II. To You and You and You and...

Dear Preskott*, my first in so many ways. First love is probably too generous but as my first boyfriend, you’ll always hold a special place in my heart. You were older and so much cooler than I thought I could be. I'd barely kissed a boy and somehow you were into me. They said you were a player, maybe I wanted to be played. I know now you weren’t always kind, once telling me the acne on my back meant I’d be horribly hirsute in later life. This hasn’t come to pass. I can still see those chunky highlights, “diamond” earrings, smell the mix of cologne and cigarette smoke. I remember how I lost my virginity to you while the Grammys played in the background. Céline Dion was having mic problems, I was having flexibility issues. I made you wear that powder blue baseball hat, turned backwards. It helped fulfill all the straight boy fantasies that would disgust me today, but in that moment it was hot as hell. You proceeded to cheat on me with my nemesis, whose spectre I'd fought since high school, first day. Callum, tall and willowy, pink skinned and self-possessed with that perfectly straight statue’s nose, everything I couldn’t be. This betrayal gave me a complex that went on for years, might still be going on. Last I heard you married a man, had kids. You’re probably a good dad. But maybe try not to make fun of their bacne. I still wonder why your name was spelt with that ‘k’...

Dear Jack, baby you dodged a bullet. Though it probably didn’t feel that way at the time. There was so much going on in your life and you still picked up, moved two provinces at my urging. I can admit now I was scared, didn’t want to go alone. I needed a steadying presence in my life and you were happy to provide. When I gained confidence in the new city that need ran out and I tossed you aside, for that I’m sorry. No other relationship has soured so quickly, and no other break up has felt quite as concentrated in its implosion. I still can’t listen to those yearning first notes of Hero and Leander from Myths and Hymns without seeing your sweet snaggle-toothed smile, without thinking how I shut you out, how I couldn't support you in your family difficulty. I cried and cried to that album, convinced every word was about us, but really about me because that's as far as I could see. The way I sobbed and sang in our empty apartment by the docks, "my lighthouse on the shoreline, my passion on this lonely sea..." The way I stared across the harbour singing, “my loving you was meant to be...” Ludicrous now, but at the time, oh at the time… I know we’re good now - you sent me that note. It was lovely to hear you stayed in the city on the island and found a life that leaves you fulfilled. 

Dear Matthew, you got me at my worst. Maybe we should’ve known from the way we started it would be a rough ride. I went home with you the same night I broke up with my boyfriend who’d moved across the mountains for me, the same night I’d run back and forth across my building alternating makeout sesh with you and a classmate, the same night I kicked everyone out of my house in a rage. We had stars in our eyes, blind to everything that wasn't us. That's never a good sign. You were the first person I ever told my biggest secret. I remember crying in your arms on that pile of pillows in the acting studio. You cried too. My concept of time has always been junk, but it feels like only a little while after that you proposed. Or was it me? Lying in bed together all giggly, somehow we decided we’d lived enough life on our own. Everything about you made sense. In the morning that was terrifying. My plate was already full of terrible memories and I’ve never been good at accepting good in my life. I spent the next few months dodging your questions. I also spent those months spiralling further and further into depression. The day you found me in a heap on the floor, crying uncontrollably, totally unable to accept comfort is still the deepest sadness I’ve felt in my adult life. But you sat by me, waiting. You waited a lot. We broke up and got back together so many times, we lost count. Do you consider that time a waste? I still remember your kisses and hugs, the way our bodies entwined throughout the night. I wonder, if I hadn’t been so off the rails, would we have survived? Last we spoke you’d been with the same guy for awhile, possibly heading toward marriage. I know that’s what you always wanted, to settle down, have kids. If my madness hadn’t ruined us, that probably would have. I hate to admit, I'd probably still make out with you.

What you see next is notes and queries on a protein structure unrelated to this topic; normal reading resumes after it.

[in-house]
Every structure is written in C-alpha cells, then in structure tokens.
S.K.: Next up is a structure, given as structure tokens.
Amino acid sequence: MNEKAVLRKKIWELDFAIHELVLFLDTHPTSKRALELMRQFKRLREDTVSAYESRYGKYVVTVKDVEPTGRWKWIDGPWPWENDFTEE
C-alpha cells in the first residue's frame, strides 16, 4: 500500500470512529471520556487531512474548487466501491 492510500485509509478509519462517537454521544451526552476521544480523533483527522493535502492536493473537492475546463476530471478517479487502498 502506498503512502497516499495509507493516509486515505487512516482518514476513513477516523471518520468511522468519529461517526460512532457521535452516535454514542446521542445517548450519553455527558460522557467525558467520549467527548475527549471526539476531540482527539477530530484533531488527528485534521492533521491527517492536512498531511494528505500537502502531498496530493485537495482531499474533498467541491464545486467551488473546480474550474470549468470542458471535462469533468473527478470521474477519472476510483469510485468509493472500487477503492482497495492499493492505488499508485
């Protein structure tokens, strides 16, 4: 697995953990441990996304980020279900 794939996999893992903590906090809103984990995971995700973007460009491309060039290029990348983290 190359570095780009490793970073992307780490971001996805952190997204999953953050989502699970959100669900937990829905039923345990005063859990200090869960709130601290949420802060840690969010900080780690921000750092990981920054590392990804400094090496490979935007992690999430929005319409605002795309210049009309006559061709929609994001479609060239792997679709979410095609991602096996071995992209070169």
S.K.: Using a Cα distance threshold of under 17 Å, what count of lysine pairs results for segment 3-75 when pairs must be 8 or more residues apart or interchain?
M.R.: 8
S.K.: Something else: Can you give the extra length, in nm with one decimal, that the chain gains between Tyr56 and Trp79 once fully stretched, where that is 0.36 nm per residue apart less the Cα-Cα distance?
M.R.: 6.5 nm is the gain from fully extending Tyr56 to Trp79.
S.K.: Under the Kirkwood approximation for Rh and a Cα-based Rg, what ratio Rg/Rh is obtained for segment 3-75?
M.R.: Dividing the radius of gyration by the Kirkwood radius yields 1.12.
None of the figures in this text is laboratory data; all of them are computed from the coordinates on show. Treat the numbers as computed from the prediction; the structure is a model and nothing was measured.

Dear Sean, your shine persists. We had our problems, I know, but our relationship felt stable in a way no other has. Maybe it was my year of sobriety, maybe it was being stuck in the Prairies… really though, I think it was you. Your caring spirit was like none I had encountered before. Your non-judgemental kindness surprising me from the start. Though we had a deadline, nesting with you was easy. I remember how you'd stay up with me and my unsettled mind despite having school the next day, I remember how we’d sit and leaf through your giant atlas while getting baked, I remember how you would give me space to disappear into my writing for hours on end, then make us an amazing meal. I ate like a king in those days - I’ve never been so chunky in my life. You were even willing to give non-monogamy a try. Something about the fact you couldn't go through with it was terribly romantic. When you proposed, though it made no sense, I accepted. It was probably unfair to do so. I didn’t want you to give up on moving to Asia, I didn’t want to compromise on moving to Toronto. You used to say it didn’t matter that our paths were divergent, we could make it work. Maybe I was cynical, less prone to Big Romance. All I know is that everything that had come before taught me to be cautious, taught me that really loving someone sometimes means letting them go. We were no longer engaged. We moved apart. A while back when we messaged each other about I don’t know what you said you’d move here in a second… I actually considered it. It's still a bad idea.